Streamlining Social Decision Making for Improved Internet Standards
6 July 2019
I'm pleased to announce that EPSRC has agreed to support our new
project on "Streamlining Social Decision Making for Improved Internet
joint work with Matthew Purver, Patrick Healy, Gareth Tyson, and
Ignacio Castro at Queen Mary, University of London, and will run for
three years starting January 2020.
Many decisions in today's world are made through a complex, dynamic
process of interaction and communication between people and teams with
different interests and priorities - so called "distributed
decision-making" (DDM). For example, many businesses work across
multiple geographically dispersed offices and time zones, with teams
specialising in quite diverse areas. Each team may have its own goals
and reward models, which do not necessarily coincide, and may be spread
across multiple organisational units (e.g., different businesses or
governments). Communication may happen via several different modalities
with very different timescales and properties (e.g., email, instant
messenger, and face-to-face meetings).
Unfortunately, although many organisations have started to document
these processes and even make records available, we have no way to
automatically analyse these records. If we did, we could produce tools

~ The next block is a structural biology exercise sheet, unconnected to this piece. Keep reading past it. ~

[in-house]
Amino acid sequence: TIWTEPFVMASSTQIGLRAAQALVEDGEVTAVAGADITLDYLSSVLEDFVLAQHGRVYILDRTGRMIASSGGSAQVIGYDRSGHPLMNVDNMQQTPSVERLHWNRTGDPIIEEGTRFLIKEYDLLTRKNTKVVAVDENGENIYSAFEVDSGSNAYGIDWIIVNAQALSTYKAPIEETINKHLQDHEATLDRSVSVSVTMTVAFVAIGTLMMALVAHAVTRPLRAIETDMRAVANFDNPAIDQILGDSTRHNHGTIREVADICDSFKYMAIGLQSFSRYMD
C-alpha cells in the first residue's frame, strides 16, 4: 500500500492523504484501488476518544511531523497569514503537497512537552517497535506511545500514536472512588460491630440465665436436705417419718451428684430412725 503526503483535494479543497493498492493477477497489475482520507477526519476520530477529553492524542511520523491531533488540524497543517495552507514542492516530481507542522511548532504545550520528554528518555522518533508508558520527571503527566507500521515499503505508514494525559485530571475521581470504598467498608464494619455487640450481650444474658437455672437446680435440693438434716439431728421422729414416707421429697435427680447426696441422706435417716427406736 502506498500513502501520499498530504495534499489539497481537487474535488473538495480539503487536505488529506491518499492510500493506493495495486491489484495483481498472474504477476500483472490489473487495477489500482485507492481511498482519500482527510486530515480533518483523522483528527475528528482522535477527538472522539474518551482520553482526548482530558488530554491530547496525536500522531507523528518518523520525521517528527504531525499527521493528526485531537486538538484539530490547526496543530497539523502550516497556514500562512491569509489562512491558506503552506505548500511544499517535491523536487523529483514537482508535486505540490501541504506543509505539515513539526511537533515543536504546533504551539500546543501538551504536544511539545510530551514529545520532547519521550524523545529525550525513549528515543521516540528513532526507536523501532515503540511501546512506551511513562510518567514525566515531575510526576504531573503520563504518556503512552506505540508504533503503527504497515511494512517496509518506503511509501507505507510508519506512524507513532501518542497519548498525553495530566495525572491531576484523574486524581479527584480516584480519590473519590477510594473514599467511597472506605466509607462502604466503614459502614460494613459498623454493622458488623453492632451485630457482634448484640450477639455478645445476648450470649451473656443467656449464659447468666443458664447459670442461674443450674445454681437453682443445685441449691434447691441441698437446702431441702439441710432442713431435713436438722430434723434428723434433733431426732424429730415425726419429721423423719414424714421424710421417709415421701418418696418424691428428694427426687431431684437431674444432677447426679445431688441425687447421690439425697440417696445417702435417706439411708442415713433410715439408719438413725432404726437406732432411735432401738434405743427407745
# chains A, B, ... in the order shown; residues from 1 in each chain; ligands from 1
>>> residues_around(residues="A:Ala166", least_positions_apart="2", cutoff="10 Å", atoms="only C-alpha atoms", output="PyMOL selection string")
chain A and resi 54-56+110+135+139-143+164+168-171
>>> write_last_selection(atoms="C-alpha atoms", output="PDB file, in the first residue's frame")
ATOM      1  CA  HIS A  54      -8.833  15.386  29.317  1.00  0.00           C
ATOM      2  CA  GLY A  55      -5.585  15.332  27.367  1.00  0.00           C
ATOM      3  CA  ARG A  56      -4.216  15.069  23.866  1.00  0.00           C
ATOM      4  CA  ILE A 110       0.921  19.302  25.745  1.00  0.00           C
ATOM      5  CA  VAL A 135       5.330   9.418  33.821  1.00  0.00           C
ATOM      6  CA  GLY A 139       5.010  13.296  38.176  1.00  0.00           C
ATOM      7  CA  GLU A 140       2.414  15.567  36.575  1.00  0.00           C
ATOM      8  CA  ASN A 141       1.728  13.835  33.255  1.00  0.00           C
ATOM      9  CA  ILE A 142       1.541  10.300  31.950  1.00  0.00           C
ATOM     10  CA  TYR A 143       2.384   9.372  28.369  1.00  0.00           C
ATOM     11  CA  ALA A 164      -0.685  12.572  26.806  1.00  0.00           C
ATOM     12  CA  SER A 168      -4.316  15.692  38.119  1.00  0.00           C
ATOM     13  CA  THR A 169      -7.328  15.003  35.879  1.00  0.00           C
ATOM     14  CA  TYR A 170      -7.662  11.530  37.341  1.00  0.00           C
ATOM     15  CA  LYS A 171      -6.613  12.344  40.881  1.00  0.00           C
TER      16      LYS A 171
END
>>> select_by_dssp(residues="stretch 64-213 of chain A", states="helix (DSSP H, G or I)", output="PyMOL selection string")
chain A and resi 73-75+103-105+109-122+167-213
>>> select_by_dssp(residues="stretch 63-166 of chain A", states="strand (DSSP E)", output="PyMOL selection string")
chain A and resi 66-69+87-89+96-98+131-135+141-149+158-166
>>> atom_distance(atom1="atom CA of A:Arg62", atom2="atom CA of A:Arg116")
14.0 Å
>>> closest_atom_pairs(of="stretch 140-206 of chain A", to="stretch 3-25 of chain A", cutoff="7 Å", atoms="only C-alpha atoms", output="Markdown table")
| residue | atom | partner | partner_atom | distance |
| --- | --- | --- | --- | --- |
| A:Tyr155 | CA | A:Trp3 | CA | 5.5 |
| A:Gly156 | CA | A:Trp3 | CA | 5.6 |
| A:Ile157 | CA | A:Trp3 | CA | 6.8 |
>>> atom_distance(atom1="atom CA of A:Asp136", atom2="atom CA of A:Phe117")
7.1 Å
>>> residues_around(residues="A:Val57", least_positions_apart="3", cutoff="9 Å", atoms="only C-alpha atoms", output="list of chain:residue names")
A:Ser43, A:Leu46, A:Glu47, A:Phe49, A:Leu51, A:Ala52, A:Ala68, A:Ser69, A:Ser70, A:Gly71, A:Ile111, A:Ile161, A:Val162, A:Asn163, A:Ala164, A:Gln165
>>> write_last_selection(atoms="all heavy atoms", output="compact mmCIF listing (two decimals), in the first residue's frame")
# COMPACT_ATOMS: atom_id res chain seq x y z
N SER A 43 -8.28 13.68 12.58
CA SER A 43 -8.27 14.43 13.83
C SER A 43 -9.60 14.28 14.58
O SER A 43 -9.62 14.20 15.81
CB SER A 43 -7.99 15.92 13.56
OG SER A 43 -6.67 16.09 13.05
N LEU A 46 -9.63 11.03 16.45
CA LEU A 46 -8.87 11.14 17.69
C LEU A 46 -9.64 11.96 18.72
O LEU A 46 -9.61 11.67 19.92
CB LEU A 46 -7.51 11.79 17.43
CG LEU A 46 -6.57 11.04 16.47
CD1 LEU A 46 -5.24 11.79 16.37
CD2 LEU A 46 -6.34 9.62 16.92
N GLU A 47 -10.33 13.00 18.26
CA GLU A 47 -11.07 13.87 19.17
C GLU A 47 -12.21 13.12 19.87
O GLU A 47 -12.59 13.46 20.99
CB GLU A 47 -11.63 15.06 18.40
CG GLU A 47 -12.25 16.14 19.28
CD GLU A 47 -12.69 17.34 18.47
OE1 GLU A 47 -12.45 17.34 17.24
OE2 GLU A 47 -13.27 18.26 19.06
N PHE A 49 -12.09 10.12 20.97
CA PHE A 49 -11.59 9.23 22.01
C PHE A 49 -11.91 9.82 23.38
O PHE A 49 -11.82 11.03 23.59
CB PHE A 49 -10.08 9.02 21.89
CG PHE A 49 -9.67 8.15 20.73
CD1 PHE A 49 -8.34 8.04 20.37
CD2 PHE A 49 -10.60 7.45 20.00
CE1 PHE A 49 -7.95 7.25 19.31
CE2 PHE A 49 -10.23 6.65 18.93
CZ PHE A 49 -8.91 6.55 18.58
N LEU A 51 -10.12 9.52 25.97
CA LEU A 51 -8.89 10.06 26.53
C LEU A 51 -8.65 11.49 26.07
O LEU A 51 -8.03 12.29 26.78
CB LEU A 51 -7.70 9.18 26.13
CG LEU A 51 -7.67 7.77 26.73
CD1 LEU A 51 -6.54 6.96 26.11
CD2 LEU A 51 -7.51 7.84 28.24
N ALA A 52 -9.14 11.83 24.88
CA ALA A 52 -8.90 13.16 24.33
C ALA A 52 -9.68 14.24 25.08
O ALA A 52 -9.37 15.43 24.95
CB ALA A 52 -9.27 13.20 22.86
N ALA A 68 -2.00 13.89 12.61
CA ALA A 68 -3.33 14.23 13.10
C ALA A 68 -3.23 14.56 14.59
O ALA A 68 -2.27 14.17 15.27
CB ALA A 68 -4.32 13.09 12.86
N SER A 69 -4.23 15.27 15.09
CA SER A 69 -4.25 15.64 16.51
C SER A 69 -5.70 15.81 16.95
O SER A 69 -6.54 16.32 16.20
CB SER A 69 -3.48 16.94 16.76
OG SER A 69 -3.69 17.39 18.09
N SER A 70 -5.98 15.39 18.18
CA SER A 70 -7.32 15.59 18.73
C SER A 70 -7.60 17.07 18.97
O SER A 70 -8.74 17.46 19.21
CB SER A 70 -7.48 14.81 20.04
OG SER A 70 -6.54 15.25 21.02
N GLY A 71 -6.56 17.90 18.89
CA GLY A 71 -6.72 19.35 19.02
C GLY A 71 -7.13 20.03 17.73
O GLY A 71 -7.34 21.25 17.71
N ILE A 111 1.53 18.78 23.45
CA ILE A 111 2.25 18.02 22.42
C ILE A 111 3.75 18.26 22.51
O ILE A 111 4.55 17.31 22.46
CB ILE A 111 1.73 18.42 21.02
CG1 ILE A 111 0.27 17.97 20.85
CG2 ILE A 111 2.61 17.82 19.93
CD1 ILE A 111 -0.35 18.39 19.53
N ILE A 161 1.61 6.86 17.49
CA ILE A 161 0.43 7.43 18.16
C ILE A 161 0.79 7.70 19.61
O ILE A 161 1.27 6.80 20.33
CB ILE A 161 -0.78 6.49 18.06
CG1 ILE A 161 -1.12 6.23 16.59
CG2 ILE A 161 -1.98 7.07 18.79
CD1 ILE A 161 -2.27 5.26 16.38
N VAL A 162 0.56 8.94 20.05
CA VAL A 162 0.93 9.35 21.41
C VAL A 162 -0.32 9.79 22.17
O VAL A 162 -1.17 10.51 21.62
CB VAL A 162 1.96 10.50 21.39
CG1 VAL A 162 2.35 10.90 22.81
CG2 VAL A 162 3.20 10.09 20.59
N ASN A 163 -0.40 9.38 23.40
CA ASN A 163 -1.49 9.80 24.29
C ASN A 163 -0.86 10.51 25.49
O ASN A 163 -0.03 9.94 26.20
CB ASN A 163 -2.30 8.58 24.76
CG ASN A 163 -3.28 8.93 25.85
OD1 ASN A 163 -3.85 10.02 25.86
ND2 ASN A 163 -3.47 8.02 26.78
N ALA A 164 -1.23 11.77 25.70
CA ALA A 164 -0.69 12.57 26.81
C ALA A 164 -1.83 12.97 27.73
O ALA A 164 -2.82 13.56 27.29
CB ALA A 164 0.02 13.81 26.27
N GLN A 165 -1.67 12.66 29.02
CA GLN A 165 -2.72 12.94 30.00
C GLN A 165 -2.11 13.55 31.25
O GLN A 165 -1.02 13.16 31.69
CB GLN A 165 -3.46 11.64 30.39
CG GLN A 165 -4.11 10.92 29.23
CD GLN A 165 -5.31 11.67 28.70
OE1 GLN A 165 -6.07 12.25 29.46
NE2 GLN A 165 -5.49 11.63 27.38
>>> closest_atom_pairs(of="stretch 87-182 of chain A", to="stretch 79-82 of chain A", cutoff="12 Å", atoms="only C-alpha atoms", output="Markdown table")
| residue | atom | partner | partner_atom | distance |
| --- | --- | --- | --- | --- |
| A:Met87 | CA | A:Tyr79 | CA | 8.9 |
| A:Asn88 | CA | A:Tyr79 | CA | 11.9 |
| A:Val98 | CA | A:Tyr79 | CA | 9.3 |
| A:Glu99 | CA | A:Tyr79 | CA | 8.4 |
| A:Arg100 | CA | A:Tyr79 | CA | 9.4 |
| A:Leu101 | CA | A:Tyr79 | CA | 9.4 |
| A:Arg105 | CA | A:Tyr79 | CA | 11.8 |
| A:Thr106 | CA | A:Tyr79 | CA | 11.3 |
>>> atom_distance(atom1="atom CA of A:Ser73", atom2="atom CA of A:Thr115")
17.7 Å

to automatically summarise decisions, trace who made them, and why
and how they were made (and why other decisions weren't made).
From a societal standpoint this would help make these processes
more accountable and transparent. We'd also be able to identify
collaborative failures, biases and other problems, and thus help
improve decision-making in future.
This project will develop these urgently required methods, using a
combination of natural language processing and social network analysis.
We will collate, annotate and publicly release the first multimodal
dataset of real-world distributed decision-making. We will devise
techniques to take natural language and semi-structured data to
recognise the dialogue and interaction structures in decision making,
and analyse those structures to produce summaries and evaluate the
efficacy of the decision making process. We will then use the outputs
to inform strategic interventions that can streamline and improve
Our methods will be suitably generic to span several domains. However,
the project will focus on one particular global organisation as its
main use case: the Internet Engineering
Task Force (IETF). This is an international forum responsible for
producing Internet protocol standards - formal documents which specify
the languages by which software and hardware "speak" across the
Internet. To produce these documents, extensive international
collaboration is performed - this spans several modalities including
email discussions, collaborative document editing, face-to-face
meetings and teleconferencing. Importantly, all of these modalities
are documented via transparency reports ranging from public email
archives to minutes from meetings. This project has partnered with the
IETF to help model and streamline their decision making process. We
will borrow from their experience, and employ our methods to extract
decision making bottlenecks. We will devise tooling which will provide
advice and proposed interventions to relevant parties within the IETF.
Amongst many other things, we directly benefit the IETF, and the global
Internet standards community, by helping them to uncover biases and
help make important decision processes accountable.